Transforming the Philippine-U.S. Alliance into a Security Partnership?


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When: Aug 24 2020 - 9:00am until Aug 24 2020 - 10:00am
Where: Zoom Webinar

The East-West Center in Washington invites you to the
60 Minutes for the 60th Anniversary Alumni Seminar Series:

Transforming the Philippine-US Alliance into a Security Partnership?


Dr. Renato Cruz De Castro
(EWCW Fulbright Fellow, 2016)
Professor in the International Studies Department &  
Charles Lui Chi Keung Professorial Chair in China Studies,
De La Salle University, Manila, Philippines

H.E. Thomas C. Hubbard (Discussant)
Senior Director, Asia
McLarty Associates 

Dr.  Satu P. Limaye (Moderator)
Vice President, East-West Center &
Director, East-West Center in Washington

This presentation examined the prospect of transforming the Philippine-US alliance into a security partnership.  In the past, the Philippines doubted the US’sLeft to right: Dr. Renato Cruz De Castro and H.E. Thomas C. Hubbard often-repeated commitment to assist its ally because the 1951 Philippine-US  Mutual Defense Treaty (MDT) merely stipulated consultation rather than an automatic armed response in the case of an armed conflict.  In mid-2011, the Aquino Administration asked for an unequivocal US guarantee to defend the Philippines and its naval/air units deployed in the Spratlys. The Duterte Administration, however, has expressed its uncertainty over America’s willingness to back the Philippines militarily in any confrontation with China over disputed maritime claims.  Early this year, President Duterte commented that an armed clash in the South China Sea would crush the Philippines because the involvement of American troops would make the conflict spiral out of control. This development, along with his decision to abrogate the 1997 Philippine-US Visiting Forces Agreement (VFA), has generated a crisis in the alliance. To avert any crisis, the two allies can down grade their alliance into a security partnership.   In conclusion, the presentation argued that should the Philippines consider this option, it must take into account the following:  the consequence of losing the deterrence effect of the world’s most powerful armed forces; the impact on Philippine defense spending; effects on the ongoing AFP modernization program; and whether or not the Filipino nation will support this move.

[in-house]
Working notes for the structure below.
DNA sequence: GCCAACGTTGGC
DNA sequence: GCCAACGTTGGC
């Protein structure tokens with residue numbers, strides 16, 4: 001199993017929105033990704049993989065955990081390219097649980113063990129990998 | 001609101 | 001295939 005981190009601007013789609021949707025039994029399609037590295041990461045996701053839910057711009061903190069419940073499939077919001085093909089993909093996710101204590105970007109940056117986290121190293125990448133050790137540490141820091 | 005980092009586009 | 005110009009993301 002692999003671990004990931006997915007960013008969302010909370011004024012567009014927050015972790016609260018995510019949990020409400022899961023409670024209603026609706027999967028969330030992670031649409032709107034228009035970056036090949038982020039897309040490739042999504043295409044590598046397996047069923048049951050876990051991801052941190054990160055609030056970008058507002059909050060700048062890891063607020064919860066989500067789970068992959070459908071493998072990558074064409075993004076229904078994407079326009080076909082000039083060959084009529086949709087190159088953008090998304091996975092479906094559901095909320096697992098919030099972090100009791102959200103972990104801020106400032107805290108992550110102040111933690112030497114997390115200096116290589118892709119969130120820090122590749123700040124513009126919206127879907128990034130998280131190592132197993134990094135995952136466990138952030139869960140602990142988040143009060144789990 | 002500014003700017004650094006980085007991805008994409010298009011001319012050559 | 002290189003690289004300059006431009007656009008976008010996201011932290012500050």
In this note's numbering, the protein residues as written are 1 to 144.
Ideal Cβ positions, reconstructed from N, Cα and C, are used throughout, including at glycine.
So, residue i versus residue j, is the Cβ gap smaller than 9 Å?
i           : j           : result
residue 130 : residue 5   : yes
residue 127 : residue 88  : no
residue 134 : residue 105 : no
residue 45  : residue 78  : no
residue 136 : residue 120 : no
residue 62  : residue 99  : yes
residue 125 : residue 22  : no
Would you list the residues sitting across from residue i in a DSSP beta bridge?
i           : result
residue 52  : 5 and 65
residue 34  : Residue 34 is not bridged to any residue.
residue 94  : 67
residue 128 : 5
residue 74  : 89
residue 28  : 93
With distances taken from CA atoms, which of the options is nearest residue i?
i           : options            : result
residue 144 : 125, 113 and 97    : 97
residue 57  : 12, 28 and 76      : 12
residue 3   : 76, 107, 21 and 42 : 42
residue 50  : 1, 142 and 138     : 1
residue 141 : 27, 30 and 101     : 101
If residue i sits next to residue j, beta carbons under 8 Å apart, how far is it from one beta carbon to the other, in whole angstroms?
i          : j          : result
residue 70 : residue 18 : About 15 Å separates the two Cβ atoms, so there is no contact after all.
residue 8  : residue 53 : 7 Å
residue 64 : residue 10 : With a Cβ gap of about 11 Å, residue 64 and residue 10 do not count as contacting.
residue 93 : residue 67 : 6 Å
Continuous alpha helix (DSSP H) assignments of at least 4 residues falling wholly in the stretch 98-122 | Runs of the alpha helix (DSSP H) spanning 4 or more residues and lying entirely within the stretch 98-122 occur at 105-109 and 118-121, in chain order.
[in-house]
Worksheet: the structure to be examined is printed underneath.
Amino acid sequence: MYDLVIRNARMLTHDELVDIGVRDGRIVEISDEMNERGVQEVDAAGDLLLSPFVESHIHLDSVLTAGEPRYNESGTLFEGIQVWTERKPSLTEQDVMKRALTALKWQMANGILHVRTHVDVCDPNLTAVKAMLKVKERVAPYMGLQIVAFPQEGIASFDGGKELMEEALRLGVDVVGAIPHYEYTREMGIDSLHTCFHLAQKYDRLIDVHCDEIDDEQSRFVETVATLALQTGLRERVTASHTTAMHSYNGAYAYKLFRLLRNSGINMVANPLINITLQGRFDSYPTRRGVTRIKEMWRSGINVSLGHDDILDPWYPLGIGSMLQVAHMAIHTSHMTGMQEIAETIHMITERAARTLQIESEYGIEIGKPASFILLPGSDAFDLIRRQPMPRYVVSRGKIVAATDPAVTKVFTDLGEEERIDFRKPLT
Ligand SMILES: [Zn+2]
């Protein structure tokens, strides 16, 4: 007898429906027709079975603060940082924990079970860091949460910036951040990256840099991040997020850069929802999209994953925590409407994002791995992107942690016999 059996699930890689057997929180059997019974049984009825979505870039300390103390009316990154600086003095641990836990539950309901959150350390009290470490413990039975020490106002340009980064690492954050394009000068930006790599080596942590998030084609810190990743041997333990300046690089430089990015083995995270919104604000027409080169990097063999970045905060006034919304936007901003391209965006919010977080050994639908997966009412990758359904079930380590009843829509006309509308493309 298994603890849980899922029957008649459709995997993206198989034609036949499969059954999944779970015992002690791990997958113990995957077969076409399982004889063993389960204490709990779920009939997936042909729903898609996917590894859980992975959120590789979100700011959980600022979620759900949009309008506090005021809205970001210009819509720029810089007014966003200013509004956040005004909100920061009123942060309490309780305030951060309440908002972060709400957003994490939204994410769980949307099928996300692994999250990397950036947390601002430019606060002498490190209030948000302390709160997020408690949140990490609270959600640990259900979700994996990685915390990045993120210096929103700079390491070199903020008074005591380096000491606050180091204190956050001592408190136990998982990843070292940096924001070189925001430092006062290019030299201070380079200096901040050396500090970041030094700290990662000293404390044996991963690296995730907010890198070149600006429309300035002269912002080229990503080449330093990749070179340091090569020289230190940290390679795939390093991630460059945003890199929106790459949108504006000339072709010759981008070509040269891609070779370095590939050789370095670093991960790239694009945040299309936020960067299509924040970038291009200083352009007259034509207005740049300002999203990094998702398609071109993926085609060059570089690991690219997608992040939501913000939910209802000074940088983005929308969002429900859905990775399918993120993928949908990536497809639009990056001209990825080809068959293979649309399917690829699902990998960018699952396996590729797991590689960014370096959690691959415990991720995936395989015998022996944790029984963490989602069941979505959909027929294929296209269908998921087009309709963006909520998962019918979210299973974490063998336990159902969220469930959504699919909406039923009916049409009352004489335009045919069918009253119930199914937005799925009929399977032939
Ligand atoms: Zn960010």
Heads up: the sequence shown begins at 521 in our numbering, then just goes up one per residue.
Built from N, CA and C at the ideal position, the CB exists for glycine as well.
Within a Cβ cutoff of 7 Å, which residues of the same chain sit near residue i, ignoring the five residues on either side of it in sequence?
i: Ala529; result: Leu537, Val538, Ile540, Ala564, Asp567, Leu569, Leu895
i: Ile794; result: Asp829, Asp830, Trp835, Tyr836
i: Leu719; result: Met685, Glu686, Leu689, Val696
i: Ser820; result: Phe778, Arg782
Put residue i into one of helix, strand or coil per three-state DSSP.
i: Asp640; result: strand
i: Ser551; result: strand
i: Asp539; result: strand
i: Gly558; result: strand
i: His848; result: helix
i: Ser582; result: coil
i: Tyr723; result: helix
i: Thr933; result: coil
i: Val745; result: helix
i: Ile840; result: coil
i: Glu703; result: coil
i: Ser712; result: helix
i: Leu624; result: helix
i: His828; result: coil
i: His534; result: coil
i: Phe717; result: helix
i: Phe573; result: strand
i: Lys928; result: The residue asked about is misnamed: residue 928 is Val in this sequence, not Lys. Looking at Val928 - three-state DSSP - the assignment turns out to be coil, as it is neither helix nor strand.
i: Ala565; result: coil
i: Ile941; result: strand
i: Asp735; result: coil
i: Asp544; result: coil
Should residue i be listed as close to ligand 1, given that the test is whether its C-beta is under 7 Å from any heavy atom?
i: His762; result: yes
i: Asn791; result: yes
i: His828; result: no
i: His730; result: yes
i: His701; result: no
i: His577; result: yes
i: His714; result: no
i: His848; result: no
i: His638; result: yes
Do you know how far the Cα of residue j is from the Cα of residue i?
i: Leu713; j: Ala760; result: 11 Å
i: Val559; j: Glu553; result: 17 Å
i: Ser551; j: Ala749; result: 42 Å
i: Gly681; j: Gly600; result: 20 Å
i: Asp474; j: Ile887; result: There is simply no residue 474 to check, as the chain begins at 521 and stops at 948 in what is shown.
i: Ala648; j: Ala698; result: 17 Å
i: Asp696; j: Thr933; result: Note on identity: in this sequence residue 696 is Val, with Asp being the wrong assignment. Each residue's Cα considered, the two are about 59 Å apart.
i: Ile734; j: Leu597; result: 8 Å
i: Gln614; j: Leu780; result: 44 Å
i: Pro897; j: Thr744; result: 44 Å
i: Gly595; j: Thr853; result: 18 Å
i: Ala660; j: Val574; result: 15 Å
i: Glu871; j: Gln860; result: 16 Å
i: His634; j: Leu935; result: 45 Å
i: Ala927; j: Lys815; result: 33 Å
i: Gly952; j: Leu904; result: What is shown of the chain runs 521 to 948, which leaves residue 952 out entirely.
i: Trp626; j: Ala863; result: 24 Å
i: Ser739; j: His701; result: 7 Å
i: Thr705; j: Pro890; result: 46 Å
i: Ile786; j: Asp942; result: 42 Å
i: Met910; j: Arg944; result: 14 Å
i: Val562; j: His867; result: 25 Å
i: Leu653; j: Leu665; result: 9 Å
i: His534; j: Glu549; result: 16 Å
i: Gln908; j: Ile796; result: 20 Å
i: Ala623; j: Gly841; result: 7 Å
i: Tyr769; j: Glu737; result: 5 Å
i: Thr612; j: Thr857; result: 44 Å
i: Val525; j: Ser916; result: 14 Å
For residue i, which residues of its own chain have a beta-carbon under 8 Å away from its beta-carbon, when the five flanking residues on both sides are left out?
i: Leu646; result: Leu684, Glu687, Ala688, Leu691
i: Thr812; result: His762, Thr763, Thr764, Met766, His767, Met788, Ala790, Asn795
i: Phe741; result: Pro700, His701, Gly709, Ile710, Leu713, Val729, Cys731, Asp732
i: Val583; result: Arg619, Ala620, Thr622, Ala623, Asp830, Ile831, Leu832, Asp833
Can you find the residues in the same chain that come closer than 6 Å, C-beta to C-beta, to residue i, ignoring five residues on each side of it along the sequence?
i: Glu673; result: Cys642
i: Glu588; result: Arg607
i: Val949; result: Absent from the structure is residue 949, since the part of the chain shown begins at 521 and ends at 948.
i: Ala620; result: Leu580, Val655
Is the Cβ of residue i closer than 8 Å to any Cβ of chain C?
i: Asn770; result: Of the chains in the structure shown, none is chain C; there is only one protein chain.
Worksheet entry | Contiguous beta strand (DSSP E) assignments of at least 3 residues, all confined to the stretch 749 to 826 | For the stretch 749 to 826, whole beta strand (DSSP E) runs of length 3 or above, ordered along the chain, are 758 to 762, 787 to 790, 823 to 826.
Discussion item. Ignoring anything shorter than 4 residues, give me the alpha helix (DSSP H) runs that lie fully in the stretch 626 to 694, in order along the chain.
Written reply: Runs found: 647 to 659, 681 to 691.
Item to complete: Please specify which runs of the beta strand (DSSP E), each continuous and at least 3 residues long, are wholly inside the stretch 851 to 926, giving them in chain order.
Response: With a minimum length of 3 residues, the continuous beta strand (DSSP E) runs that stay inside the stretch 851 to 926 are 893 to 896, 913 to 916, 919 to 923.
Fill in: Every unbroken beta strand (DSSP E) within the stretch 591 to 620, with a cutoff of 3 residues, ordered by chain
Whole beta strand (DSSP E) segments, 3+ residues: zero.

​To view the PowerPoint from today's presentation, click here

This year marks the 60th anniversary of the East-West Center and its mission to promote better relations and understanding among the people and nations of the United States, Asia, and the Pacific through cooperative study, research, and dialogue. The East-West Center in Washington (EWCW)’s 60 Minutes for the EWC 60th Anniversary Alumni Seminar Series  highlights the work of EWCW alumni/ae who have participated in our fellowship, publication, dialogue, and conference programs.